It is worth noting that this is not the ICB’s overriding concern however. It is more concerned with “public interest” and the removal of implied government support for banks that get into trouble.

The ICB could run into difficulties with CRD IV, the EU’s directive implementing Basel III. In an effort to harmonise rules, it could in theory prevent the UK from increasing capital requirements above Basel III’s. However, European Commissioner Michel Barnier has indicated that goldplating the rules will probably be allowed.


Banks face costs of around £6bn, according to the report, which says analysts’ estimates range from £2bn to £10bn. These come both from increased funding costs and from reorganising the banks’ structures due to the ring-fence requirement.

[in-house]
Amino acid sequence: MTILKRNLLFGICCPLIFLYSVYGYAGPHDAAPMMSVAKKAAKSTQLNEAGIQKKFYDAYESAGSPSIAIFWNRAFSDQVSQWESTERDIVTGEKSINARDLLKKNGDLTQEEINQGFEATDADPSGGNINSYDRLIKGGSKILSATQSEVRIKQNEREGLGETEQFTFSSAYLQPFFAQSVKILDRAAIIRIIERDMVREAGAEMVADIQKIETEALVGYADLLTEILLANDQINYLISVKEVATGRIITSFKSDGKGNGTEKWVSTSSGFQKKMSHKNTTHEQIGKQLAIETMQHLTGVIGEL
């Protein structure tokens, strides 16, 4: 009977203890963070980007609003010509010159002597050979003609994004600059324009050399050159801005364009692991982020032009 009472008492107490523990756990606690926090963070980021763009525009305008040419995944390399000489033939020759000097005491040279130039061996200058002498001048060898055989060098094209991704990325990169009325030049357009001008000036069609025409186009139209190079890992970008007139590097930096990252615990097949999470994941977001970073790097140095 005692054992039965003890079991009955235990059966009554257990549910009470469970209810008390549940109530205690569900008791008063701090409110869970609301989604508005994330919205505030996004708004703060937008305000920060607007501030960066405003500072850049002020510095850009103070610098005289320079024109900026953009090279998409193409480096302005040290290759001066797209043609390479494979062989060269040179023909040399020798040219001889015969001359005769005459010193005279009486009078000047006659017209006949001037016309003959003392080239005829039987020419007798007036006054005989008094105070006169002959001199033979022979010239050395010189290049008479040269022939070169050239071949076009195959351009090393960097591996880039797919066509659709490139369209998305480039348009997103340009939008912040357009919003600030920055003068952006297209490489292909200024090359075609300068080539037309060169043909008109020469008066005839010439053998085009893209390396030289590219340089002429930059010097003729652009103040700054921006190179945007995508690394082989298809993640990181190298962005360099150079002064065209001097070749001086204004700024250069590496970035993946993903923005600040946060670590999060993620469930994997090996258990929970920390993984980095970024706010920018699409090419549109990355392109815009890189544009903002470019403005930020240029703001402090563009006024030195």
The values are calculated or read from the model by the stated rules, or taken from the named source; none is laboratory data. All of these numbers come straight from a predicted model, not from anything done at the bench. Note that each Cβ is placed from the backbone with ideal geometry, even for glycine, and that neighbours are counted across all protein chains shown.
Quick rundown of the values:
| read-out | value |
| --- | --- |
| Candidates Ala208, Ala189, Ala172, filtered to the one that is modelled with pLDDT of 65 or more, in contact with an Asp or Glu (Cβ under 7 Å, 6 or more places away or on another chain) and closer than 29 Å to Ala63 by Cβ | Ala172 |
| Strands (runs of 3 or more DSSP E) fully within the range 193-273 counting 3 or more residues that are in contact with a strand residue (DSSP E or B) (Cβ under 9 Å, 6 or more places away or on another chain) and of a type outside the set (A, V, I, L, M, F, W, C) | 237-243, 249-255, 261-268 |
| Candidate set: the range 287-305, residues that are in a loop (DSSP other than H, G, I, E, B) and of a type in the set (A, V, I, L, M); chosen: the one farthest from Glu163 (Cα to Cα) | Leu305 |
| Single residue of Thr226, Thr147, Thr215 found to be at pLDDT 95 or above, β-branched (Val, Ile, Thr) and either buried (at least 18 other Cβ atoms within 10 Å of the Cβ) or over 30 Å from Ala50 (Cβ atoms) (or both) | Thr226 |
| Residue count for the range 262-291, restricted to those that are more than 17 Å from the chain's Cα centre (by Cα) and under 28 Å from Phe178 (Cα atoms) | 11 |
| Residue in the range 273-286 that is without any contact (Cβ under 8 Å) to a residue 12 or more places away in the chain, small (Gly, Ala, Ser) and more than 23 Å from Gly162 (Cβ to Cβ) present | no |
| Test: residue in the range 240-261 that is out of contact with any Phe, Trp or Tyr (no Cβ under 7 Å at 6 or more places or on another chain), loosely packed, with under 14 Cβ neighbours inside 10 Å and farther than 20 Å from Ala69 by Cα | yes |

Funding costs will rise as the current implicit government guarantee is withdrawn. The ICB emphasises that this is a cost to the bank rather than to the economy as a whole, however, reflecting a more accurate pricing of risk and a shift of the burden onto investors rather than taxpayers.

Investment banks’ funding costs are expected to rise more than the ring-fenced banks’ because they will not have easy access to retail deposits for funding, which are generally cheaper than wholesale debt.

The main emphasis, though is that the costs are lower than those faced by banks and the economy as a whole as a result of a financial crisis – which the ICB hopes will now become less likely to occur.


Higher capital ratios should make banks stronger and therefore more stable, the ICB hopes. The sector as a whole should benefit too, with “systemic” risks specifically targeted.